”Is that logical?  We will continue to work with UNAMID within its traditional mandate,"  Osman said.  "We have strong reservations regarding inclusion of LRA and we will monitor the situation.”

British ambassador Mark Lyall Grant told reporters that the reference in the Security Council resolution to the Lord’s Resistance Army does not change the mandate of the UNAMID peacekeepers.

“We have exactly the same objective as the government of Sudan, which is that the LRA should play no role whatsoever and should be completely absent from Darfur,” he said.

Lyall Grant added that there is no evidence of LRA activity in Sudan.  He also said the Security Council is concerned about the Sudanese government’s restrictions on the movement and operations of UNAMID peacekeepers and humanitarian agencies, and called on the government to lift the restrictions immediately.

UNAMID was established in 2007 with the primary mission of protecting civilians.  Rebels in Darfur have been fighting the Sudanese government since 2003.

You May Like

Multimedia Obama Defends Immigration Action

Obama says with his executive action on immigration, enforcement resources will be focused on 'felons, not families; criminals, not children' More

US-Led Airstrikes in Syria Kill Over 900: Monitoring Group

British-based Syrian Observatory for Human Rights says the toll includes more than 50 civilians, five of them women and eight of them children More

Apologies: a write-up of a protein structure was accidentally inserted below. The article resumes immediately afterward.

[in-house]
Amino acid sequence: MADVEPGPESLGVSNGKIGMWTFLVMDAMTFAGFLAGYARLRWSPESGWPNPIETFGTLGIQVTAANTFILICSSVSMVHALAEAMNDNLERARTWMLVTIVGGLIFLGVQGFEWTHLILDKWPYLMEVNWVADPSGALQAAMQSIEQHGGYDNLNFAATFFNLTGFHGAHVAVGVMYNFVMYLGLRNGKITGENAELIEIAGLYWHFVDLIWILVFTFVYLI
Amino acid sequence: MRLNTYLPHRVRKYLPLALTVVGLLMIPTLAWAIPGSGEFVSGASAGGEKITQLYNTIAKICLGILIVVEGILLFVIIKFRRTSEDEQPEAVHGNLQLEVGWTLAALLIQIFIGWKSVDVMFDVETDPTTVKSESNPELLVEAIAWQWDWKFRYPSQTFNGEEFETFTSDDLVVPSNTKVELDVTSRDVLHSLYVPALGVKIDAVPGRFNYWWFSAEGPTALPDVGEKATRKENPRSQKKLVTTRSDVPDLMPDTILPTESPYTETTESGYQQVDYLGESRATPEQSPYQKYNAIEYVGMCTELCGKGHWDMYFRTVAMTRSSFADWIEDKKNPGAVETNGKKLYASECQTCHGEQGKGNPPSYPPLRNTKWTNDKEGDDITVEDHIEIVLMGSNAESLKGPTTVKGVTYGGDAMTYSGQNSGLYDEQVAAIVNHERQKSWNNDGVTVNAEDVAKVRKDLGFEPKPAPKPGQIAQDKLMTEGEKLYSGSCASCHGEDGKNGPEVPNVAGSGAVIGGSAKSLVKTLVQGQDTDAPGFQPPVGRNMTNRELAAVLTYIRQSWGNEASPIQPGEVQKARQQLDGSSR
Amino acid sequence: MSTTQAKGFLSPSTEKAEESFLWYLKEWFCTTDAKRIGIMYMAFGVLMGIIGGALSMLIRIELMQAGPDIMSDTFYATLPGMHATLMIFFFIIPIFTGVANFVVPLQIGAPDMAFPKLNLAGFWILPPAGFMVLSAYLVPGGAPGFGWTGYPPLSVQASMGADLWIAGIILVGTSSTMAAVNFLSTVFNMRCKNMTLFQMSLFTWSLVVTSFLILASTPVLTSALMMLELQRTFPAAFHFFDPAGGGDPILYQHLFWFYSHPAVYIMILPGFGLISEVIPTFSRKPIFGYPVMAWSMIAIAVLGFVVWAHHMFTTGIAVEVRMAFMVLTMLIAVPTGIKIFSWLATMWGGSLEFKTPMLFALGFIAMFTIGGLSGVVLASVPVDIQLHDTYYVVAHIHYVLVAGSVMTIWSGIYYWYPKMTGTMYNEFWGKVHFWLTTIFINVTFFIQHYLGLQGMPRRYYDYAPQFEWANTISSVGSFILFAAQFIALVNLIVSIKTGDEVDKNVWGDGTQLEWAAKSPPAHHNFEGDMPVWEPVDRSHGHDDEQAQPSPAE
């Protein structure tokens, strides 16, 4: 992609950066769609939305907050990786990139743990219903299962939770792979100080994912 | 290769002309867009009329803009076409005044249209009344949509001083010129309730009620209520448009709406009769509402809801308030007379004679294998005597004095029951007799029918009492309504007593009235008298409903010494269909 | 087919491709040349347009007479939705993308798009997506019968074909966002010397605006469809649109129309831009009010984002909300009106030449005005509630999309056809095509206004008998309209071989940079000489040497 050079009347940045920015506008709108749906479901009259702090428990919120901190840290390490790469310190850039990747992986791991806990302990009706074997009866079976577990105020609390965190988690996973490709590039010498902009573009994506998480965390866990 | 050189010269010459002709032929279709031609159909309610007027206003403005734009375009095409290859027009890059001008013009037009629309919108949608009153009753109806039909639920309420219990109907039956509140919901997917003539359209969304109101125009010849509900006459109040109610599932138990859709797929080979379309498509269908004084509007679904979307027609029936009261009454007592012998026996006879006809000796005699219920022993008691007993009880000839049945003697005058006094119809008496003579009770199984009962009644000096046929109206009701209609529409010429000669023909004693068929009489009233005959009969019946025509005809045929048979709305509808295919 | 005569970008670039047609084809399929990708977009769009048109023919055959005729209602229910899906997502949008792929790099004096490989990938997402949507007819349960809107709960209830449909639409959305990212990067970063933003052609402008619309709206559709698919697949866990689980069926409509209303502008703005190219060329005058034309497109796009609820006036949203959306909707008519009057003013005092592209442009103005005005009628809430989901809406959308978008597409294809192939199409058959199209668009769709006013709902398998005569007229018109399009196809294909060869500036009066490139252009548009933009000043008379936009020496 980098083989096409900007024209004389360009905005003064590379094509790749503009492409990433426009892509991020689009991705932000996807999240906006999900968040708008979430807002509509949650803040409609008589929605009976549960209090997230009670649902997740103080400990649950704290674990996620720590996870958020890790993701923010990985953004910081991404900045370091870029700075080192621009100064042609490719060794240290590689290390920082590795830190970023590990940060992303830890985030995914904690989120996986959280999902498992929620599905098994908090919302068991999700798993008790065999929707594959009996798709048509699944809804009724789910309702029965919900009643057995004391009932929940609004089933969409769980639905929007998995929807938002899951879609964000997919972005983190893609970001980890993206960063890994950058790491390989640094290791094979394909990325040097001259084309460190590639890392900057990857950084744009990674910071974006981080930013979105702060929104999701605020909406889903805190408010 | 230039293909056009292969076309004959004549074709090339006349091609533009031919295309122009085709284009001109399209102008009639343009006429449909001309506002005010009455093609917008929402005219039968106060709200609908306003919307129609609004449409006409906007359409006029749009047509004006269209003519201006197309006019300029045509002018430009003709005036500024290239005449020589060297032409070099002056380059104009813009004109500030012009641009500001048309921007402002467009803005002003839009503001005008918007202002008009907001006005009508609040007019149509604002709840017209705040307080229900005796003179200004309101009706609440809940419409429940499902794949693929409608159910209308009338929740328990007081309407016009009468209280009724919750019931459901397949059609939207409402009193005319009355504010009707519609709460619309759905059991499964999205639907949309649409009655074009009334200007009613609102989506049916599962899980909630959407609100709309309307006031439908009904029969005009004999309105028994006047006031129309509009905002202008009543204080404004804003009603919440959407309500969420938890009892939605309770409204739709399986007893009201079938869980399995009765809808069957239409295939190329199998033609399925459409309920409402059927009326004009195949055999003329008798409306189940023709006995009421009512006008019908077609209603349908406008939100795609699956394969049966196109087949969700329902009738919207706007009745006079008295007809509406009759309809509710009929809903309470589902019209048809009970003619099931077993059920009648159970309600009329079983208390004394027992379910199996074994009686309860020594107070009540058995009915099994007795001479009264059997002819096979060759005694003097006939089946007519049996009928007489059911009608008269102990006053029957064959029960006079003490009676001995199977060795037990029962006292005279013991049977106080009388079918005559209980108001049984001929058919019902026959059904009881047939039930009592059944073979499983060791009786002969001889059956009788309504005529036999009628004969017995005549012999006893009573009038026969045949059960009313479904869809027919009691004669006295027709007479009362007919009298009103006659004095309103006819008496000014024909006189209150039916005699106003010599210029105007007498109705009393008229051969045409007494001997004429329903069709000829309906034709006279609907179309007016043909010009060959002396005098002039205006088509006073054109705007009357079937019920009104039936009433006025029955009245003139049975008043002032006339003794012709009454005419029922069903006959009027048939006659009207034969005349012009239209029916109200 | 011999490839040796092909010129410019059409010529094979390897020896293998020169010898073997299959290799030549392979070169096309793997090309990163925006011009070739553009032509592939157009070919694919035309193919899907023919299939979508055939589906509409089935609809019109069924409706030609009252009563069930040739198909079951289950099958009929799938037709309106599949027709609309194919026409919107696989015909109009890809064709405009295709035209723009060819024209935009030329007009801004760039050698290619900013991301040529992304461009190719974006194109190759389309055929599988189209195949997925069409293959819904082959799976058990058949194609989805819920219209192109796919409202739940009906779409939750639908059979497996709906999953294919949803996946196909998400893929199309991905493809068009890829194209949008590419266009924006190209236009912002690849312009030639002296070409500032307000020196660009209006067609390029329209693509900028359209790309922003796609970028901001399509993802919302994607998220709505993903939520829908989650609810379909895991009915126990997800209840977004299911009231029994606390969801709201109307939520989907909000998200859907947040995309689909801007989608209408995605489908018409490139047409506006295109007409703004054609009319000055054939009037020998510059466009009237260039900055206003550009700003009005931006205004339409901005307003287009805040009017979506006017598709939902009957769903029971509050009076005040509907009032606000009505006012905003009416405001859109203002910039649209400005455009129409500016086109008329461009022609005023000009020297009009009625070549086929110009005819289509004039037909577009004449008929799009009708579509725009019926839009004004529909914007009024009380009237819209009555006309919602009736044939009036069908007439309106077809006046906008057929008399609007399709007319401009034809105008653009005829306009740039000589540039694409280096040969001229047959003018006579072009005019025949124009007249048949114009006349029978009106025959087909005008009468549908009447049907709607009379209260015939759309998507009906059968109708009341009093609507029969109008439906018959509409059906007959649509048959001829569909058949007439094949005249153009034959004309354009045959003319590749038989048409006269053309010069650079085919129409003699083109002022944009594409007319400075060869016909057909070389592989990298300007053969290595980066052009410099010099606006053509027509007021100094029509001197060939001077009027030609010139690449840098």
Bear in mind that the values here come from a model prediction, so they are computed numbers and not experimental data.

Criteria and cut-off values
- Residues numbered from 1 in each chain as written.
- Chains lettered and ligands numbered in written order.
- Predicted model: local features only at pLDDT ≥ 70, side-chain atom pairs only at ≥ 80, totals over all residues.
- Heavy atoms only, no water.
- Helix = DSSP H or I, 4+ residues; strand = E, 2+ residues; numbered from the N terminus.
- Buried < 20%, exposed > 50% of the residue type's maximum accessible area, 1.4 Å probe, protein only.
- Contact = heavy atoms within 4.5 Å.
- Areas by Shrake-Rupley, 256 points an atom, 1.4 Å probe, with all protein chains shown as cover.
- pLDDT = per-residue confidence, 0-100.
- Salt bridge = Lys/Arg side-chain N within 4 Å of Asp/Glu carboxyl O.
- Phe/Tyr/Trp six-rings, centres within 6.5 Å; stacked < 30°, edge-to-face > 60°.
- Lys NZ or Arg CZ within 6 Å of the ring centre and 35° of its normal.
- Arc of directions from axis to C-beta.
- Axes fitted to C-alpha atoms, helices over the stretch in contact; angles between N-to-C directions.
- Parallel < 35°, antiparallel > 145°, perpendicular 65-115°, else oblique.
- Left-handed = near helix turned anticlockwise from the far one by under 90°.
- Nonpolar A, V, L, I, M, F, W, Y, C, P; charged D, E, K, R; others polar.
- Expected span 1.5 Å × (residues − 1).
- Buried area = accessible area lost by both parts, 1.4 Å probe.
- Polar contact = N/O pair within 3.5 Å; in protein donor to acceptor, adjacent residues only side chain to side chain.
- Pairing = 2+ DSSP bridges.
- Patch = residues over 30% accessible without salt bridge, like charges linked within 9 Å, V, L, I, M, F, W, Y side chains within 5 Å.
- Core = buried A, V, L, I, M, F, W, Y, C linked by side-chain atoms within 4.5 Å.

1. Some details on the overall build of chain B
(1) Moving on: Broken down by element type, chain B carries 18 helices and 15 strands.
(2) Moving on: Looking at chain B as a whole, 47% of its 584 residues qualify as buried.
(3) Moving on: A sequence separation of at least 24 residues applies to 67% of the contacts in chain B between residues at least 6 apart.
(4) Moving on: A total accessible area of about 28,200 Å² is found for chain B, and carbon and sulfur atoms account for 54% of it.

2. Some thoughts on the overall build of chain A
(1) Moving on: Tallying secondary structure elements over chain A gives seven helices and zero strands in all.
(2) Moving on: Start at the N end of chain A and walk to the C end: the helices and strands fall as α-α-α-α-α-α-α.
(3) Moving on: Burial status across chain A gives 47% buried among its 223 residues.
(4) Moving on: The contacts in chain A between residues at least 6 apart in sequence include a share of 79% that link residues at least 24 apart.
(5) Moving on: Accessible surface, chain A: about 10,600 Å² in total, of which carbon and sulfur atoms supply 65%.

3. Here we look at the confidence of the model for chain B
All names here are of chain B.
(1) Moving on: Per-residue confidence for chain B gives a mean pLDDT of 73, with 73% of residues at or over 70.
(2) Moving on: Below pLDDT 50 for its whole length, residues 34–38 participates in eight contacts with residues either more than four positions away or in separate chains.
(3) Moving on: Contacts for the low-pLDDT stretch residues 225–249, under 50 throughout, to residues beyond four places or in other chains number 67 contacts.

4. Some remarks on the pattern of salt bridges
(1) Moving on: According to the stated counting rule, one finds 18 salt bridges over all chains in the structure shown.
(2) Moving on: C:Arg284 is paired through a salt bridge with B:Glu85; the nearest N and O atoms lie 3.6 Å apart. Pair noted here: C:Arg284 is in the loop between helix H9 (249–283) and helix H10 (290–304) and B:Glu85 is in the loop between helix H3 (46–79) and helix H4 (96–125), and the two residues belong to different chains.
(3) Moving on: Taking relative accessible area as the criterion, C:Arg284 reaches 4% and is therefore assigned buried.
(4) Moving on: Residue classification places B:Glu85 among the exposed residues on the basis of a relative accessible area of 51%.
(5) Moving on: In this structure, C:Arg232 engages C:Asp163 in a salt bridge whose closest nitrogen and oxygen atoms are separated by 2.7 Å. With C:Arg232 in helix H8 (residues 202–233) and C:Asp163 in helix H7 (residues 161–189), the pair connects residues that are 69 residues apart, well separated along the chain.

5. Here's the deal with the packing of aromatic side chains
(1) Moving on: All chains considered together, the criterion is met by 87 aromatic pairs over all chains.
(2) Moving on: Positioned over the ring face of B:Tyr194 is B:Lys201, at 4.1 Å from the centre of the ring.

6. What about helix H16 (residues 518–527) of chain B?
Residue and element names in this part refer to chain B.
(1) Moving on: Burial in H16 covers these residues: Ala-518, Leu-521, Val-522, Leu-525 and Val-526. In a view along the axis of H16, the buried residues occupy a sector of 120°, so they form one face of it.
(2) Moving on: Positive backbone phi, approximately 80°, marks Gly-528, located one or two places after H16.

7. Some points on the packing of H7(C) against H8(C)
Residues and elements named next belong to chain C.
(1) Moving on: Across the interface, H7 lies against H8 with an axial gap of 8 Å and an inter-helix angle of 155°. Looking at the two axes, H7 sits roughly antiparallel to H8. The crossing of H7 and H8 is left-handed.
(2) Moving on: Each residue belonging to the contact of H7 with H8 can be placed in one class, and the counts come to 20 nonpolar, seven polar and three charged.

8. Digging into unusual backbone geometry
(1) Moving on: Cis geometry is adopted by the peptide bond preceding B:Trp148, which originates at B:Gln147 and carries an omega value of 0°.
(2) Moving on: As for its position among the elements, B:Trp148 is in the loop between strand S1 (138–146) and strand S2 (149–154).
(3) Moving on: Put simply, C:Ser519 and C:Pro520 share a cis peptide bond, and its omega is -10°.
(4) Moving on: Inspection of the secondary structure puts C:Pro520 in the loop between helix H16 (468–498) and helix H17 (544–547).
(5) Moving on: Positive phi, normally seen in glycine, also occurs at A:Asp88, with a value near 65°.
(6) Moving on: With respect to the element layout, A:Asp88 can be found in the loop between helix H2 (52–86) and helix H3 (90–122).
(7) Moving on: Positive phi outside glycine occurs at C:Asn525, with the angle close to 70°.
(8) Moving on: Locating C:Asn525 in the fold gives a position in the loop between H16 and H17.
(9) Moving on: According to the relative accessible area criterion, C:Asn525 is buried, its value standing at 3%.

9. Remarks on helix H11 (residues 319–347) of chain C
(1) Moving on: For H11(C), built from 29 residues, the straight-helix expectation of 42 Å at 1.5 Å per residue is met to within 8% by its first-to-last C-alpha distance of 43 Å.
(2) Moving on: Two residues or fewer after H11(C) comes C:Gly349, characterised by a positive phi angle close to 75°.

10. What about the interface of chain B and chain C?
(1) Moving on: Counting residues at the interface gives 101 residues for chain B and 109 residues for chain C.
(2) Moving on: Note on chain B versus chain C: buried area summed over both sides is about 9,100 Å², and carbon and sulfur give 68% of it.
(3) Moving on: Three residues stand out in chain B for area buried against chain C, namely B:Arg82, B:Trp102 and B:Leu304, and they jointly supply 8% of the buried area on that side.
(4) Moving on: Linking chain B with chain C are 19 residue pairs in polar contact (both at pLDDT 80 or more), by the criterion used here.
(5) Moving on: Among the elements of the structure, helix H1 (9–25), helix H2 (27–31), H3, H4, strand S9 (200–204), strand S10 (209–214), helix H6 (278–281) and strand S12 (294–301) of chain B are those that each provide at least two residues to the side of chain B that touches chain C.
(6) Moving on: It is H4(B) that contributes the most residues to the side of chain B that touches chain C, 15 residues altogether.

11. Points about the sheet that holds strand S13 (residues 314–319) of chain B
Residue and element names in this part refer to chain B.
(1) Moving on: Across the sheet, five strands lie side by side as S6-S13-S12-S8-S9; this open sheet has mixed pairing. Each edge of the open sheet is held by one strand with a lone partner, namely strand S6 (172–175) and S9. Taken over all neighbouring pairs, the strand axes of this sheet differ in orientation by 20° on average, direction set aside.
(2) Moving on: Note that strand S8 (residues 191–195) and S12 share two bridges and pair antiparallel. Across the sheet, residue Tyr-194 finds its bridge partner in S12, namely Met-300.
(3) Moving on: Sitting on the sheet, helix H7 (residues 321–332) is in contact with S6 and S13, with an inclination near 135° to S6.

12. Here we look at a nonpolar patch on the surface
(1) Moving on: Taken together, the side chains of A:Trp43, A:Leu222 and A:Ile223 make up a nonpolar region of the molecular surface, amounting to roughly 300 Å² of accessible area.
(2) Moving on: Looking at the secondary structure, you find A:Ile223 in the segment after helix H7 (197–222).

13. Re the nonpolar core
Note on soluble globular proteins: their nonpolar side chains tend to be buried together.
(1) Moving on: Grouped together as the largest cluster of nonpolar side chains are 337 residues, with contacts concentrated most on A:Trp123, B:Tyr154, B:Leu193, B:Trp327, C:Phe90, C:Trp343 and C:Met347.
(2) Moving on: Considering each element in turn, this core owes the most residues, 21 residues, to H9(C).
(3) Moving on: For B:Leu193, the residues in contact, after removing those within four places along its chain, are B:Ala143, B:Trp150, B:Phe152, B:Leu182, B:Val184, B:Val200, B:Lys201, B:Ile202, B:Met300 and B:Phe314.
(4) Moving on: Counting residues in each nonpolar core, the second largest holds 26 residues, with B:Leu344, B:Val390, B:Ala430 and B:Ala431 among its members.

Report: Obama Broadens US Combat Role in Afghanistan

The New York Times says resident Barack Obama has signed a classified order extending the role of US troops in Afghanistan for another year More

This forum has been closed.
Comments
     
There are no comments in this forum. Be first and add one

Featured Videos

Your JavaScript is turned off or you have an old version of Adobe's Flash Player. Get the latest Flash player.
New Skateboard Defies Gravityi
X
November 21, 2014 5:07 AM
A futuristic dream only a couple of decades ago, the hoverboard – a skateboard that floats above the ground - has finally been made possible. While still not ready for mass production, it promises to become a cool mode of transport... at least over some surfaces. VOA’s George Putic reports.
Video

Video New Skateboard Defies Gravity